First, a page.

How Things Work: Genetic Engineering

Credit: Michael Setzer/SciTech Editor Credit: Michael Setzer/SciTech Editor

Since the discovery of DNA in the ’50s, scientists have been trying to understand exactly how it can influence minuscule details of a living organism. Modern techniques of genetic engineering aim to manipulate an organism’s genome in order to change biological mechanisms at the molecular level. These techniques are being applied to a variety of fields — from medicine to agriculture — and with recent breakthroughs in genetic engineering, unbelievable ideas such as cloning may not be so far-fetched.

DNA exists in the cells of all living organisms and stores information on how the cell should grow, proliferate, and interact with neighboring cells. DNA is comprised of genes, which function as recipes for how cells should build proteins. These proteins then control everything the living organism does by facilitating specific chemical reactions. This can be thought of as a “lock-and-key” mechanism of sorts: A protein with the correct shape can bind perfectly around certain molecules and force their interactions.

For example, one of the approximately 25,000 genes in a human cell contains the information on how to build the protein lactase. This protein binds to and breaks down the complex sugar lactose into relatively simple glucose, which is vital for the cell to make energy. If someone doesn’t have the gene for lactase or if the protein is not built correctly by the cell, that person will experience symptoms of lactose intolerance.

However, the protein lactase is generally only found in the cells of the digestive system. These cells have the same DNA as the cells in the brain, but the proteins found in each cell make them function differently — it would be a waste of energy for a cell to build a protein that it didn’t need.

To ensure this, DNA’s influence on (or expression of) proteins is heavily regulated within the cell. Every gene consists of a controller region that must be activated in order for that gene to be expressed into a protein. In the case of lactase, cells in the digestive system recognize that lactose is present and needs to be broken down. Only then will a specific molecule bind to a controller region for the lactase gene so that the protein-building part of the cell will receive the recipe and then protein will be made by the cell.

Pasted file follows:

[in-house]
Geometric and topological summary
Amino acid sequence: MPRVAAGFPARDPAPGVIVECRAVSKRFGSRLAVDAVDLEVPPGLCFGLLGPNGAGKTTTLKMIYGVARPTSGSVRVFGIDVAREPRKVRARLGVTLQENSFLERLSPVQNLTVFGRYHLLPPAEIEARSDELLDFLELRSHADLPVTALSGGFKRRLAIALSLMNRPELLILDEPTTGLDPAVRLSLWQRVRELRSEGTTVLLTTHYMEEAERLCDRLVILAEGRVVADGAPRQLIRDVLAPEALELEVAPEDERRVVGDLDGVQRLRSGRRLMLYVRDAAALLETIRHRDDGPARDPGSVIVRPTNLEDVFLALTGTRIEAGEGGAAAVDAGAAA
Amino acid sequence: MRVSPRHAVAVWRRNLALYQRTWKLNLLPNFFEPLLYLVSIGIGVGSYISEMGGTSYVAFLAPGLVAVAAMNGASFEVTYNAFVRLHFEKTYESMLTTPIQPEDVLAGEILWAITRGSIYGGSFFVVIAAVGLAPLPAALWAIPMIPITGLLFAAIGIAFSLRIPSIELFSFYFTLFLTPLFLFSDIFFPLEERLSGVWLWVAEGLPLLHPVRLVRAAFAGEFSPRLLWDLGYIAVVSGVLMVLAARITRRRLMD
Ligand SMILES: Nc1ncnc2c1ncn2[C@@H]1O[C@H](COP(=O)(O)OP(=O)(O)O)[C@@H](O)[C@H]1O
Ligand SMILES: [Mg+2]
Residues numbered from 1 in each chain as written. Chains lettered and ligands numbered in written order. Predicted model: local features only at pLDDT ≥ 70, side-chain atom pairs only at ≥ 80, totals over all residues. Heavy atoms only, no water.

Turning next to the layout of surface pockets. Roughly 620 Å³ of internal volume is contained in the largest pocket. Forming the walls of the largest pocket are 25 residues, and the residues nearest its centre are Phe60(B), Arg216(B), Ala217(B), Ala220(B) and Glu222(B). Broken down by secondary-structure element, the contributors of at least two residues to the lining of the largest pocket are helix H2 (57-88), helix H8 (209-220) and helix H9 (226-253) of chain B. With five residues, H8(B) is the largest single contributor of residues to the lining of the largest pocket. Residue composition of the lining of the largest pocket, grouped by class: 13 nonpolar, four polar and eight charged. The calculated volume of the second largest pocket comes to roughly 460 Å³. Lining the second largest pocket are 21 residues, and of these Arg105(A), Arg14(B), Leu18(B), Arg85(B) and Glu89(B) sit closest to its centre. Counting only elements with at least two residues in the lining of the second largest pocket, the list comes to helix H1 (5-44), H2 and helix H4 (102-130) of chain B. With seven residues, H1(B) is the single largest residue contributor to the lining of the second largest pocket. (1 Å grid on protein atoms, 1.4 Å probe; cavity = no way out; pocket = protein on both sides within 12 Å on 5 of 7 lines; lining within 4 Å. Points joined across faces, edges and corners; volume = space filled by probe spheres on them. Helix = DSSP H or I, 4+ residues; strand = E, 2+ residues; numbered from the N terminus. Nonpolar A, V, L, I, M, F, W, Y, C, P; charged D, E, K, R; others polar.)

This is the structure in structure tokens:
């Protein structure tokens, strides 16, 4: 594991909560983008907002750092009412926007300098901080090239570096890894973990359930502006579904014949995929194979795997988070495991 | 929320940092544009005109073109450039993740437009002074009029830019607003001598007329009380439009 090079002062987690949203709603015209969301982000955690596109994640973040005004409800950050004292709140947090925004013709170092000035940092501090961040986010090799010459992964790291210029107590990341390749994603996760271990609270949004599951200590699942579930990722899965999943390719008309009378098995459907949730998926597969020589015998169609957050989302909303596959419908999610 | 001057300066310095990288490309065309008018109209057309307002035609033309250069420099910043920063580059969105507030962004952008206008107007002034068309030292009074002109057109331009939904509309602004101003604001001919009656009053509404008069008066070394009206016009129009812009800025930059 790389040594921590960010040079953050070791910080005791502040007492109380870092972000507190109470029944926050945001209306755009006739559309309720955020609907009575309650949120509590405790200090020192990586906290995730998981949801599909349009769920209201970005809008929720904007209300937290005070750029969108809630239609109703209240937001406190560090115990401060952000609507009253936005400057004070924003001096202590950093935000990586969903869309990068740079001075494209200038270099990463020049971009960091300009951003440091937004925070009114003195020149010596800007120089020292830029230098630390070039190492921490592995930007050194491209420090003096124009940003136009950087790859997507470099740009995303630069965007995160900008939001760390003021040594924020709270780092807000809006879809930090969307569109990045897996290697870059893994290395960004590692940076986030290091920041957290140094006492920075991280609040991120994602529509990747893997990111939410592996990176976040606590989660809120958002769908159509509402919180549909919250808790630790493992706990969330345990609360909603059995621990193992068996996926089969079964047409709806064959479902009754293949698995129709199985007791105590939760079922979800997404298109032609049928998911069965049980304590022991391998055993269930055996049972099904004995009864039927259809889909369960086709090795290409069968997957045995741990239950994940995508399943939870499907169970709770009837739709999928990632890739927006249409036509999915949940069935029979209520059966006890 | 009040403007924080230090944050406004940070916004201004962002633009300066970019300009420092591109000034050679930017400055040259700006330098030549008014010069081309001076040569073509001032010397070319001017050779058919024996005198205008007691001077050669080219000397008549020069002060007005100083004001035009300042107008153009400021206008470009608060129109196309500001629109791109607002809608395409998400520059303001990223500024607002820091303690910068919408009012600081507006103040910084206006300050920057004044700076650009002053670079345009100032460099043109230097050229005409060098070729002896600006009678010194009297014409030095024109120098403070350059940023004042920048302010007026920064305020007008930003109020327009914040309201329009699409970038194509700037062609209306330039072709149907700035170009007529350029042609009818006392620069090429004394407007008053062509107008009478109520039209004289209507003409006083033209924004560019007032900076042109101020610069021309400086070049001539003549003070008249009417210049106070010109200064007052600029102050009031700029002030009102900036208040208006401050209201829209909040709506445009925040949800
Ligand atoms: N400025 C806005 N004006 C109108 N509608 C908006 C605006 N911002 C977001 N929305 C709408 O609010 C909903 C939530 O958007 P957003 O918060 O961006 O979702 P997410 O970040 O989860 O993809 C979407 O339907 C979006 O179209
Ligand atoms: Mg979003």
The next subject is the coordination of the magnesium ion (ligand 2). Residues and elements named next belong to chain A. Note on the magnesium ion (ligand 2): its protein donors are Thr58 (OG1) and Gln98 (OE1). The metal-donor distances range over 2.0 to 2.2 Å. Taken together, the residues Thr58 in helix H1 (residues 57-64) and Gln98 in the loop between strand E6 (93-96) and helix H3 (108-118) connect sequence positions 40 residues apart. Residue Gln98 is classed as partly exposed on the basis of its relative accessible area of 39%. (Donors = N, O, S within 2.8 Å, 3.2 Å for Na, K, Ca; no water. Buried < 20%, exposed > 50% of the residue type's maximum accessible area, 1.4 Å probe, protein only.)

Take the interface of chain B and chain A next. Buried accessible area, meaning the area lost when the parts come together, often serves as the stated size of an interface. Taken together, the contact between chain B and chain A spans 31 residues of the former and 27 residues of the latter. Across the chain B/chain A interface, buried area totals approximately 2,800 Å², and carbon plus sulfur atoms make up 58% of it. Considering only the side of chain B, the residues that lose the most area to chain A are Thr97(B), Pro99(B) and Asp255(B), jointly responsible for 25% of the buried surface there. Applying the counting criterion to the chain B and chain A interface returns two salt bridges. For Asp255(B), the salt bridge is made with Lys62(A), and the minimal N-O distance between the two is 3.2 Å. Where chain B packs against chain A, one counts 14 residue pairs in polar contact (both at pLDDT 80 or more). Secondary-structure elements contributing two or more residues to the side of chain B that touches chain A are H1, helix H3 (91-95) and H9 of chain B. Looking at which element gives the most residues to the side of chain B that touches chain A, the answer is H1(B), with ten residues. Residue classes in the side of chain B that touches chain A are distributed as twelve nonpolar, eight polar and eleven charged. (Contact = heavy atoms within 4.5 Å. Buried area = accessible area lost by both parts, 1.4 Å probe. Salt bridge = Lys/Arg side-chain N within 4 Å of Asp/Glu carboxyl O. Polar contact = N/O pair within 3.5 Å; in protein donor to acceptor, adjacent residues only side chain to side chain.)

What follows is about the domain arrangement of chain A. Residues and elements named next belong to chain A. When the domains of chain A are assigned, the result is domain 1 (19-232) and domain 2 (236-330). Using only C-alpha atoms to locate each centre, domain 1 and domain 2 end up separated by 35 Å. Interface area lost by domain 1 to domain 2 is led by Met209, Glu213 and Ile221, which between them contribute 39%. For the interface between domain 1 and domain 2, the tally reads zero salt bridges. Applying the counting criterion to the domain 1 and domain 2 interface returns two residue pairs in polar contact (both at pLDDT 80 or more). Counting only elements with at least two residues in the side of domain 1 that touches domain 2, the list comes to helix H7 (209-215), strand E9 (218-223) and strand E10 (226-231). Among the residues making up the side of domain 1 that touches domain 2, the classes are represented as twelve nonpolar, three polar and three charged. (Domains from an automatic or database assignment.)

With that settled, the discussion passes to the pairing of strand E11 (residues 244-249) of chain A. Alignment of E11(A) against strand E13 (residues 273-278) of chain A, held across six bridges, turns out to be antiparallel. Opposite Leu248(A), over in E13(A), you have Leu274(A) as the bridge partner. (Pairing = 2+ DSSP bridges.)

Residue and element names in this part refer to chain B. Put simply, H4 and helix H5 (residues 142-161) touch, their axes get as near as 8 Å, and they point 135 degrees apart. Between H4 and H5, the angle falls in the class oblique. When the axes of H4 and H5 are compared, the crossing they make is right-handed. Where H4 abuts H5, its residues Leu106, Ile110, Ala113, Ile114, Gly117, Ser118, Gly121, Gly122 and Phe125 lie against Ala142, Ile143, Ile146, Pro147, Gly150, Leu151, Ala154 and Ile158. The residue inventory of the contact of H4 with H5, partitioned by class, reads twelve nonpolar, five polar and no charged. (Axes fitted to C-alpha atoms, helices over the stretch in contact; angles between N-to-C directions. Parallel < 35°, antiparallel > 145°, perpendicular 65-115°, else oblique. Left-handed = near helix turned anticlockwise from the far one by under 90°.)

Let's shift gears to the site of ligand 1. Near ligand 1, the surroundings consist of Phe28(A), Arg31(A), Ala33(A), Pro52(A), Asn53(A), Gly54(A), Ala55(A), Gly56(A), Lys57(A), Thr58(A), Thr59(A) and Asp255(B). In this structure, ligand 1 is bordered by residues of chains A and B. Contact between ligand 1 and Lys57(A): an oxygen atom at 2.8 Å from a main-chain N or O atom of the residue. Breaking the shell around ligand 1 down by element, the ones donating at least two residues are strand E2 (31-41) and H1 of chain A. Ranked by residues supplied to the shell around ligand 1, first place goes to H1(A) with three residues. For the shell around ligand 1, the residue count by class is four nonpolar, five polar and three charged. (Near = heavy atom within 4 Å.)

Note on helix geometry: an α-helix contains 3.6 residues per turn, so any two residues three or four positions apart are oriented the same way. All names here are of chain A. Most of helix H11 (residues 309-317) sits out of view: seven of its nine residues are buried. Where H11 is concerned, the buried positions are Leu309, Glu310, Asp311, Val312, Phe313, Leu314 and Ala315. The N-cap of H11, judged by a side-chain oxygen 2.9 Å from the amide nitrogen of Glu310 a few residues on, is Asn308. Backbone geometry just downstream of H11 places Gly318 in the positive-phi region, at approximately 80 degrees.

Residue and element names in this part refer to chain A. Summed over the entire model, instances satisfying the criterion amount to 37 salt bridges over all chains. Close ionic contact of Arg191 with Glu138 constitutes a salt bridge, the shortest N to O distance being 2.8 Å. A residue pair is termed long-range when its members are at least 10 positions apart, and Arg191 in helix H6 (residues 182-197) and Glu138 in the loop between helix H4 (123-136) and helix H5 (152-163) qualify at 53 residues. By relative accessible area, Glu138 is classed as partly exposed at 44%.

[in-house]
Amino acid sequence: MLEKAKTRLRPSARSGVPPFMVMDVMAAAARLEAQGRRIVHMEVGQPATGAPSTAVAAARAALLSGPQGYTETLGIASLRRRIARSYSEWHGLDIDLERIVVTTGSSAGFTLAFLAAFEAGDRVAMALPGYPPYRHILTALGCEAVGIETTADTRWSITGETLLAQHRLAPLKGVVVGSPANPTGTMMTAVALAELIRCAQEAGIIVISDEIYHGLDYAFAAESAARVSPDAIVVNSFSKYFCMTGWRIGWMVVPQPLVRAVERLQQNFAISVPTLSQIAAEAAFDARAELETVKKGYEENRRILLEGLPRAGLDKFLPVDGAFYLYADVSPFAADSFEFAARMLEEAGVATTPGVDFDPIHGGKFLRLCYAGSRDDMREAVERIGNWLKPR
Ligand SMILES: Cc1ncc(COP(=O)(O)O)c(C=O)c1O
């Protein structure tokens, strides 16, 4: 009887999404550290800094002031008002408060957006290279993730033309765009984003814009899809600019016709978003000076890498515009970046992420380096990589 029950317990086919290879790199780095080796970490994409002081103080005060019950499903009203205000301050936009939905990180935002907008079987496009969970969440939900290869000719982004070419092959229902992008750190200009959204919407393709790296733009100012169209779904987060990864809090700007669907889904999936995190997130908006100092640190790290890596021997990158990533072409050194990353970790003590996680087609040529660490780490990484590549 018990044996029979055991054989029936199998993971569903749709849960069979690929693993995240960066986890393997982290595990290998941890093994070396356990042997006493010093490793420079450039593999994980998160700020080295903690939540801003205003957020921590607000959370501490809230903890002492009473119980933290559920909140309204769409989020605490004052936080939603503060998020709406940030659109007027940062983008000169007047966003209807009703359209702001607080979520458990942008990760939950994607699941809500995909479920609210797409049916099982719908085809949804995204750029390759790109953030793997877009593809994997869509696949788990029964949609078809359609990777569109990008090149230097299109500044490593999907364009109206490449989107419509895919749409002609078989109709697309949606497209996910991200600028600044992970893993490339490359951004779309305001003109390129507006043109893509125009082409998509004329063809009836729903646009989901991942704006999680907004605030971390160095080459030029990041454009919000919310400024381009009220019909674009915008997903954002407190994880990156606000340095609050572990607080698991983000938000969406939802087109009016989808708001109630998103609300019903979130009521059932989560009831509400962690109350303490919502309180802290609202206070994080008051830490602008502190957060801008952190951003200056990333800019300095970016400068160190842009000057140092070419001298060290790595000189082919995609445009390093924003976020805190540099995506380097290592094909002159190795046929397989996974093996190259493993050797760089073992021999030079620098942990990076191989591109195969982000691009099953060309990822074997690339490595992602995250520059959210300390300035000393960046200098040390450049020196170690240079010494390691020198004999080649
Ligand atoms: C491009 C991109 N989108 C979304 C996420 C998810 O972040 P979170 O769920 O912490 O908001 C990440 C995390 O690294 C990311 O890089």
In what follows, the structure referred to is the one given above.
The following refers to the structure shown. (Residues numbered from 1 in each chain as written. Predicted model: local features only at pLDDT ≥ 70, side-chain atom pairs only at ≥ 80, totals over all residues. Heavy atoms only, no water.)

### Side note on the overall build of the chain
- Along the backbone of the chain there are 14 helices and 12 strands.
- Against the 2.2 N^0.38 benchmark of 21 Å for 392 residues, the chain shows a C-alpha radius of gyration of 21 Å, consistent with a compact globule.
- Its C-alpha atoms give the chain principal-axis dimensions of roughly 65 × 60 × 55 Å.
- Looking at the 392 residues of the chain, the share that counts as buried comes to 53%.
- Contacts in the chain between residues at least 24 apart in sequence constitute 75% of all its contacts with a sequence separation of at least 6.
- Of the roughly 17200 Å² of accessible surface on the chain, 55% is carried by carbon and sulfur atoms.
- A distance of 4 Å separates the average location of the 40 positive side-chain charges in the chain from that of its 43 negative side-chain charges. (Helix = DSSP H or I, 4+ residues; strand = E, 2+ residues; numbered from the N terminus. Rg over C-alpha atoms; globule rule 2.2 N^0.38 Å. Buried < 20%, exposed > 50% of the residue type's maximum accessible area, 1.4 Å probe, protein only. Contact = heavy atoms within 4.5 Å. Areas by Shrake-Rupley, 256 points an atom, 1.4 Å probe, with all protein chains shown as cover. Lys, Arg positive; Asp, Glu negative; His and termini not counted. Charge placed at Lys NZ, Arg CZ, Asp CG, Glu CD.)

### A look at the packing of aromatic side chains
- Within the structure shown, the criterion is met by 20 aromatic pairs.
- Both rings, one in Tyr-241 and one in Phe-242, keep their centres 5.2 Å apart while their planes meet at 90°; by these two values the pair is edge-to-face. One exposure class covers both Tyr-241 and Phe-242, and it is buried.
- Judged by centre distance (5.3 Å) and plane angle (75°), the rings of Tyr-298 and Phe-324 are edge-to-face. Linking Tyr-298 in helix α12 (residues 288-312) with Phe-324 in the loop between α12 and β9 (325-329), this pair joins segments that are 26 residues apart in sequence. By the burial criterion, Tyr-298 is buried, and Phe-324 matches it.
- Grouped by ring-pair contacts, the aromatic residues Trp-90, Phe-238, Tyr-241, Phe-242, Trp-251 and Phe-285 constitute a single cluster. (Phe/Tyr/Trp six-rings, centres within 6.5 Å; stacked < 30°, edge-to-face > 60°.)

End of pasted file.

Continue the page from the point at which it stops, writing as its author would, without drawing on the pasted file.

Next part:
According to PBS, techniques of genetic engineering aim to manipulate this process of protein expression in cells to impact their functions. Scientists have the ability to introduce new genes into the genome, so that the cells produce a protein that wasn’t present before. For example, in agriculture, genetically modified fruits are forced to express specific proteins to increase their health benefits, increase growth rates, or increase their resistance to pathogens.

People who suffer from diabetes don’t have the ability to create insulin in the pancreas that allows their bodies to take glucose from their blood. With the power of genetic engineering, the gene to produce insulin was introduced into the E. coli genome so that, as these bacteria grow, they produce large amount of insulin. This can be collected and given to patients so that their bodies can then function normally.

The current hot topic of genetic research is the battle against cancer. Cancer is the unregulated growth of cells, largely due to DNA damage, where protein expression deviates from the norm and results in a pernicious attack on the body. Using a protein called nuclease, scientists can target and remove specific genes from the genome of a group of cells so that the protein won’t be made, ideally preventing the unregulated growth. The challenge is that cells have intricate levels of complexity, and simply adding and removing genes can lead to drastic effects.

Proteins play important roles in long pathways of chemical reactions; modifying these pathways must be done with caution. Still, there is a lot of hope that, by using various genetic engineering techniques, cancer can be defeated.

Techniques are also used to remove certain disease-causing genes from newborns so that they won’t suffer. It may also (at some point) be possible for parents to personalize their children by controlling the genes that express certain traits. This is where genetic engineering starts to walk the fine line of medical ethics.

Manipulating DNA allows us to change every aspect of a living organism, and the possibilities are endless. In the late ‘90s, scientists successfully took the DNA from a living sheep and used it to produce an exact clone, which they named Dolly. Since then, other animals have been cloned by scientists as they aim to learn more about the power of genetics.

The past three decades have largely been characterized by a technological revolution. Many scientists see the next few decades as defined by a genetic revolution by using the power of DNA to do everything from growing healthier foods to curing cancer.